Two weeks and counting…

I can’t believe that in two weeks I will boarding an airplane to go home. Somehow I feel like this semester flew by while at the same time I feel like I’ve been here for years. I’ve been doing a lot of thinking lately, trying to understand this wonderful, unique, bizarre experience so I can try to explain it. Why don’t you step into my kitchen, we can talk it over while I make some sopaipillas.

First we need our ingredients. We need a squash, Oil for frying (vegetable or canola), butter, flour, salt, baking soda, chancaca, cinnamon, and orange peels.

Zapallo

Because it needs to boil for a while, let’s start by preparing the chancaca. In a little saucepan I’ve added the block of chancaca, a cinnamon stick, and some orange peels with a few inches of water and set uncovered over medium low heat. The block of chancaca will melt over time and as the water evaporates it will thicken, just be sure to stir it every five minutes or so to keep it from sticking.

Chancaca, Orange Peels, Canela

Now, to prepare the sopaipillas first you need to cut up and seed the squash. Usually one good karate chop is enough.

Karate Chop!

So while I skin and cut up the squash, I am thinking about all the things I have learned from this trip that I would never had learned otherwise. Obviously my Spanish is much much stronger and so is my understanding of Chilean and Latin American culture. But more than that, I think I’ve developed a skill set I never had before. For example, using public transportation was completely new to me when I arrived, but now I have no problem hopping on and off the micro and metro like a boss. I’ve also improved my “street smarts” and lost much of my small-town naivety.
A very important skill that I learned is the ability to accept the things that I don’t know and ask for help when I need it. Before I was afraid of people finding out that I didn’t know how to do something, so I would refuse offers of help even though I had no idea what I was doing. Here I quickly learned to swallow my pride and ask for help and clarification when I need it, and to persist until I fully understand. I could have saved myself a great deal of time and frustration if I had just done that from the beginning!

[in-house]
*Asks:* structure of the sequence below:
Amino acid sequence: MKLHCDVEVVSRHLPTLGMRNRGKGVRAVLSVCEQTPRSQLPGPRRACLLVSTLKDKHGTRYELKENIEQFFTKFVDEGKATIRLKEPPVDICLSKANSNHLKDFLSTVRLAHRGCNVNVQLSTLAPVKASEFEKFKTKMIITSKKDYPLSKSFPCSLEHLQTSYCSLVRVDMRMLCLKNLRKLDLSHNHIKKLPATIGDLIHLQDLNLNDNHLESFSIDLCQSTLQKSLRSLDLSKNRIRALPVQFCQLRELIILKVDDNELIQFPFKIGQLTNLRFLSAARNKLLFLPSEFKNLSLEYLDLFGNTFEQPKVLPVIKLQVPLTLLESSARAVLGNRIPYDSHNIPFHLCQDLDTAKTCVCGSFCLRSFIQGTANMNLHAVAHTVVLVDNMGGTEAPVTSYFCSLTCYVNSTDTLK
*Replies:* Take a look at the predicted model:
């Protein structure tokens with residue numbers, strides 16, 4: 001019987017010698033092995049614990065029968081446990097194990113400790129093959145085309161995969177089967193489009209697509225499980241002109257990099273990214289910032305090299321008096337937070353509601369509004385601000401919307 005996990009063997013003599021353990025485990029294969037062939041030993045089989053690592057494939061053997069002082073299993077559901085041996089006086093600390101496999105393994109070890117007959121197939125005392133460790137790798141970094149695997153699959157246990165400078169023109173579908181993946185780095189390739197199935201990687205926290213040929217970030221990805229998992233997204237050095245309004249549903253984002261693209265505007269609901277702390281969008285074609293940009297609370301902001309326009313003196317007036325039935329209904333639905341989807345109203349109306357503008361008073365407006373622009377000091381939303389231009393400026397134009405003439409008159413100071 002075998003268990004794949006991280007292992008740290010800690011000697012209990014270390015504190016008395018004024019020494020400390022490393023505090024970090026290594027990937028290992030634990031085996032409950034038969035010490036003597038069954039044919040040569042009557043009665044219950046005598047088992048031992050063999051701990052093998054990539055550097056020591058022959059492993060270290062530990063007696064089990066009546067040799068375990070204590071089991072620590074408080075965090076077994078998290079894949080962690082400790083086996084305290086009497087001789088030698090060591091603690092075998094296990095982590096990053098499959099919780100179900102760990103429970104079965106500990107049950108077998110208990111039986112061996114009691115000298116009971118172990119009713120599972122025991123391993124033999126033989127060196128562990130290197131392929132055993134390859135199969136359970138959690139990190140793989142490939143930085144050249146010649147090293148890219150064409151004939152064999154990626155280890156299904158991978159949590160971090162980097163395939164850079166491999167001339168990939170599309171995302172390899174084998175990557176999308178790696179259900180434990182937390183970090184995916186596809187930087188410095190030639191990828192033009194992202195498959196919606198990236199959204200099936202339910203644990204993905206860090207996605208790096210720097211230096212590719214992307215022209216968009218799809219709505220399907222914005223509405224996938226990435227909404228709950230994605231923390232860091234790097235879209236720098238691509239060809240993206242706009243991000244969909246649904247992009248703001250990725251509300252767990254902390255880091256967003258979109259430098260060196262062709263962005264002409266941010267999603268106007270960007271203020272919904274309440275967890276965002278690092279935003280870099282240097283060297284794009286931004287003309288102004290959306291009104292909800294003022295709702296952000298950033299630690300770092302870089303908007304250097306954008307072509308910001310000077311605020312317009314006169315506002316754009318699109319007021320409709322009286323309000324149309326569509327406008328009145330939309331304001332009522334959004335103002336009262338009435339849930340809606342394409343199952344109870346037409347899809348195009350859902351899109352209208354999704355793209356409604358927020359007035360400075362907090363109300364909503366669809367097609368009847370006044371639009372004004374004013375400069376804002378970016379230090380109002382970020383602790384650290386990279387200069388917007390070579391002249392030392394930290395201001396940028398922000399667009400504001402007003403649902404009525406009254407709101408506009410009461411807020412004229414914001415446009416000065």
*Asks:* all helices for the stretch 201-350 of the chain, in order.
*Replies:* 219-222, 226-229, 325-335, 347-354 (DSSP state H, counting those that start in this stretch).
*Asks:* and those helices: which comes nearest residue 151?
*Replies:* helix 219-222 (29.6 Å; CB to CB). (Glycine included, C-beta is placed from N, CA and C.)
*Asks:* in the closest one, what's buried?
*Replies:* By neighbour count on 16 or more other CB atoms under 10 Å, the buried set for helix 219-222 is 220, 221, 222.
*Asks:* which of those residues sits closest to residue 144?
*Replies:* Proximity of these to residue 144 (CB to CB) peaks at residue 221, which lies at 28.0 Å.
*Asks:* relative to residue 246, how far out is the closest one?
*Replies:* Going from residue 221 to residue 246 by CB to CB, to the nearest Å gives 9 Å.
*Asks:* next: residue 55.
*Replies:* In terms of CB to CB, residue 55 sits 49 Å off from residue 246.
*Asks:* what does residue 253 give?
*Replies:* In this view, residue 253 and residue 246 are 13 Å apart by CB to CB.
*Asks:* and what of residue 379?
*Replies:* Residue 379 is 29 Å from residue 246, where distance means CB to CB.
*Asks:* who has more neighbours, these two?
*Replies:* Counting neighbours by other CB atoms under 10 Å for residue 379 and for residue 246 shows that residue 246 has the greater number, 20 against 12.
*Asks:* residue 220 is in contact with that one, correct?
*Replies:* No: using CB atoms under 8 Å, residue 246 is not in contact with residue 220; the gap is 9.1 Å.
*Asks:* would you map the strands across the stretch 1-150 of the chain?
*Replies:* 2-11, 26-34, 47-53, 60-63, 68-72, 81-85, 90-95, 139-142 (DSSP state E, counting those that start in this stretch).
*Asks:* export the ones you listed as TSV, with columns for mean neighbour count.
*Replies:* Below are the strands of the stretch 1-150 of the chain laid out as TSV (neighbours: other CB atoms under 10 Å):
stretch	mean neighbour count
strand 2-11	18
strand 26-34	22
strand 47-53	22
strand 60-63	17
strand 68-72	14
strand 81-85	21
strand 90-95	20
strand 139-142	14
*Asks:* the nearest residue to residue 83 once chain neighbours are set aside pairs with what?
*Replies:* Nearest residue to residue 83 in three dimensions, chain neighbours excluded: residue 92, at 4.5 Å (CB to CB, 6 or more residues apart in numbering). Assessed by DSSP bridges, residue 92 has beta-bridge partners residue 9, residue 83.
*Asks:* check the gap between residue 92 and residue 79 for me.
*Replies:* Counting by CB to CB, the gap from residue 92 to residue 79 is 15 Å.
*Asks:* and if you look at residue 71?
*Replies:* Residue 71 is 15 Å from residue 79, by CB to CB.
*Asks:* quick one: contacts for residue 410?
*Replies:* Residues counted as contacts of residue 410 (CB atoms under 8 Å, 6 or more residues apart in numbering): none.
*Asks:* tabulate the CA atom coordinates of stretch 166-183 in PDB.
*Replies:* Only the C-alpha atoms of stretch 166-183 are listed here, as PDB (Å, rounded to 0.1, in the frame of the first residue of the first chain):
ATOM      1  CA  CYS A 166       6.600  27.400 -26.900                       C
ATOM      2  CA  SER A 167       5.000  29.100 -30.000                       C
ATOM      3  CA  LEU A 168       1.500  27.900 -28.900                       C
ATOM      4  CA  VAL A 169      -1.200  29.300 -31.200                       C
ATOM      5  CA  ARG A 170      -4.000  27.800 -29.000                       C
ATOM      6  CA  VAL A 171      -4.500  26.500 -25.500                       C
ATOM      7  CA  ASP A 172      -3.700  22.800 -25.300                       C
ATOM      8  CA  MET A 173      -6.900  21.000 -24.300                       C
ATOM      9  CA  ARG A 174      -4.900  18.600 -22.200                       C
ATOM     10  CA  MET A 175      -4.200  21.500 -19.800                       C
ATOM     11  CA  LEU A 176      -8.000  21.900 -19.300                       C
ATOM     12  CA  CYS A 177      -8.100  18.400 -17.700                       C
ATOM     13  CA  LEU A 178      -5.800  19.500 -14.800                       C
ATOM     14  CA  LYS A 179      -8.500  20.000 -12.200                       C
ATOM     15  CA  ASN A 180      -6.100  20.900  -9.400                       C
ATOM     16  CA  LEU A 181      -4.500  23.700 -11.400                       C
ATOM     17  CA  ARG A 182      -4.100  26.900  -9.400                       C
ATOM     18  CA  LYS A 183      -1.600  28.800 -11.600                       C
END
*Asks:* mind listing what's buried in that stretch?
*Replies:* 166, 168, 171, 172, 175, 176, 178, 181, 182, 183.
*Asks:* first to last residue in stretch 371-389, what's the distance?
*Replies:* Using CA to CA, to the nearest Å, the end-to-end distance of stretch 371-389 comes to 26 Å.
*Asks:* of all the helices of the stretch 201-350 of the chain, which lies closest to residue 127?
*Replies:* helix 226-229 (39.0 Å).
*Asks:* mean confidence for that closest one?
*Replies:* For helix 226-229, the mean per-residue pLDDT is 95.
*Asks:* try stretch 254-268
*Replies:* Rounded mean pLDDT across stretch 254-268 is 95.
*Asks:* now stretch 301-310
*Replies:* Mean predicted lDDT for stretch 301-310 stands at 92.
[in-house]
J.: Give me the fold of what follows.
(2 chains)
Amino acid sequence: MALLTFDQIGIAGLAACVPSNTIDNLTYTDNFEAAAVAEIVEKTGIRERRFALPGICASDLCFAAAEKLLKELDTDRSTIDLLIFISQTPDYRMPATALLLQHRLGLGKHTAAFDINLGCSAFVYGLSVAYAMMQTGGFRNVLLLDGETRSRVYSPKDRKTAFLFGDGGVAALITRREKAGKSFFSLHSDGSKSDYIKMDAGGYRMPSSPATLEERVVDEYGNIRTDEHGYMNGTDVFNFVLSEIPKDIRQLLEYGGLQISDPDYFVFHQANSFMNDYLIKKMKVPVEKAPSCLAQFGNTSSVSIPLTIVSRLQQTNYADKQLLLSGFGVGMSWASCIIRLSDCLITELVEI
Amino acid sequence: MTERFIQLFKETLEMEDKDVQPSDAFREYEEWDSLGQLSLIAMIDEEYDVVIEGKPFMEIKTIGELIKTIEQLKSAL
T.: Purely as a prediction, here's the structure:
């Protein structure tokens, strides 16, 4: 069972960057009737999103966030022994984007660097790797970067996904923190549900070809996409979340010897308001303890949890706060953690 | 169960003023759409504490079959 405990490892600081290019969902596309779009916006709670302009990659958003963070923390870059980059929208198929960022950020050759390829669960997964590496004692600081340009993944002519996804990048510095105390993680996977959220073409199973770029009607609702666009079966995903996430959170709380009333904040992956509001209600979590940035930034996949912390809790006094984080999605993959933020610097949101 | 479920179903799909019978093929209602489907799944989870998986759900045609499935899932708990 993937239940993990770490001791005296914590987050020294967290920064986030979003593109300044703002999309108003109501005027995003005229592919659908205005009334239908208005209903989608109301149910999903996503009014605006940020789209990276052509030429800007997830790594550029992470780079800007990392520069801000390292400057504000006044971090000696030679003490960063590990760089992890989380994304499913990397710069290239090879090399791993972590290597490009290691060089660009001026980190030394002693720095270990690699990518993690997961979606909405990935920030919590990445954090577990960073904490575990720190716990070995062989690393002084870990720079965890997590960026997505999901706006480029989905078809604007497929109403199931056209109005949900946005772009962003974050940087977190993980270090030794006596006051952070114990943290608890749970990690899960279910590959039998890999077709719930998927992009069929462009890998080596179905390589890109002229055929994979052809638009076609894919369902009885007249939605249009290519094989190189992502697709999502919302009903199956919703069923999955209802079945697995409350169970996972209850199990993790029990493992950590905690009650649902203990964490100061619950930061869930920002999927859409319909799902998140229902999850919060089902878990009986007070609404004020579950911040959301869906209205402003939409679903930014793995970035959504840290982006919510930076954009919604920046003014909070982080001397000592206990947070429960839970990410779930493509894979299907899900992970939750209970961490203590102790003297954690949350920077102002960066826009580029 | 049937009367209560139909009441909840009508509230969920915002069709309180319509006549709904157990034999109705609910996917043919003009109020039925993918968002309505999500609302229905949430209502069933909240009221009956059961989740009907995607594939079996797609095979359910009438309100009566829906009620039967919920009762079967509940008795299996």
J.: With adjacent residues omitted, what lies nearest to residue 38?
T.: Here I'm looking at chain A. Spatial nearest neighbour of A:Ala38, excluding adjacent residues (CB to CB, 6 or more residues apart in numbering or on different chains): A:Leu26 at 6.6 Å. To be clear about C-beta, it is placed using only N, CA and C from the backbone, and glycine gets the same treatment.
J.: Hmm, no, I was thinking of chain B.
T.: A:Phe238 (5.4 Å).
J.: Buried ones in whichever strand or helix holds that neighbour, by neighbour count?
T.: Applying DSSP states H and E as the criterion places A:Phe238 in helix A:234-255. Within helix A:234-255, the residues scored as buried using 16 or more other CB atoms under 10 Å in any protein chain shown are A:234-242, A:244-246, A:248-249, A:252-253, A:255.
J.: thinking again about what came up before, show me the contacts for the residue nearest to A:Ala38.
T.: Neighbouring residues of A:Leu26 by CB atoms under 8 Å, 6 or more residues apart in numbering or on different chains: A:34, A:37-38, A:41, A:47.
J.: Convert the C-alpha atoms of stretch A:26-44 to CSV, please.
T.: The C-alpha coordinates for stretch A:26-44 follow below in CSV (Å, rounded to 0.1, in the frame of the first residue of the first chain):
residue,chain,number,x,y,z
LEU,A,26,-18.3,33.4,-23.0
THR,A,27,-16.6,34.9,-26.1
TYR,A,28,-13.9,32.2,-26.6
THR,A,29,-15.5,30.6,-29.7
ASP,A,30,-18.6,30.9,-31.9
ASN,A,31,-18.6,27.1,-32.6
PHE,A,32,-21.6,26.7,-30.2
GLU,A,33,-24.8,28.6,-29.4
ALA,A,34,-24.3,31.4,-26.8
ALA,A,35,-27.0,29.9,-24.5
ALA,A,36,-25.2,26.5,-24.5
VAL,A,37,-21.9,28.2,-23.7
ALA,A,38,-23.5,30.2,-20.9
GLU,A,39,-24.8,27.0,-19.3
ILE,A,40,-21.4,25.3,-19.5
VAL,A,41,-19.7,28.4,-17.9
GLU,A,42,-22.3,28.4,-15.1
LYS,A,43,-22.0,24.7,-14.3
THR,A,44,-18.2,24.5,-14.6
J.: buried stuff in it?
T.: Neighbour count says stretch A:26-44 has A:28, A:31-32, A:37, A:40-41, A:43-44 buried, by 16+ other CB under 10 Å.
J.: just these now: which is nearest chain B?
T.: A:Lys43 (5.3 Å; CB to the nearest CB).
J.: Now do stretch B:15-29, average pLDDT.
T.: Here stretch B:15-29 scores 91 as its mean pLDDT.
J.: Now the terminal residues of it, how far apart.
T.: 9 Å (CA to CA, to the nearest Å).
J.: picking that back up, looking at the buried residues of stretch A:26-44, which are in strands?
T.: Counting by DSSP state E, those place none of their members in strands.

So I’ve cut up about two cups of squash into a pot, covered it with a few inches of water, and set it to boil. We’ve got about twenty minutes until the squash is soft enough to squish with a fork.

Cooking Sopaipillas

Some of the skills I already had got fine tuned and sharpened during this experience. For example, I have always been a very motivated and engaged student but I often lacked self-discipline when it came to my procrastination problem. Since I need much more time to complete an assignment than my classmates here, I start projects much earlier now to make sure I have the time I need to be successful. I’ve also become more attentive in class because if I miss a few key sentences or words during a professor’s lecture I can be lost for the rest of the class. Lastly, in terms of academics I learned the value of making friends, even if it takes an extra effort. The inside advise and explanations from my Chilean friends were more valuable then I ever could have imagined.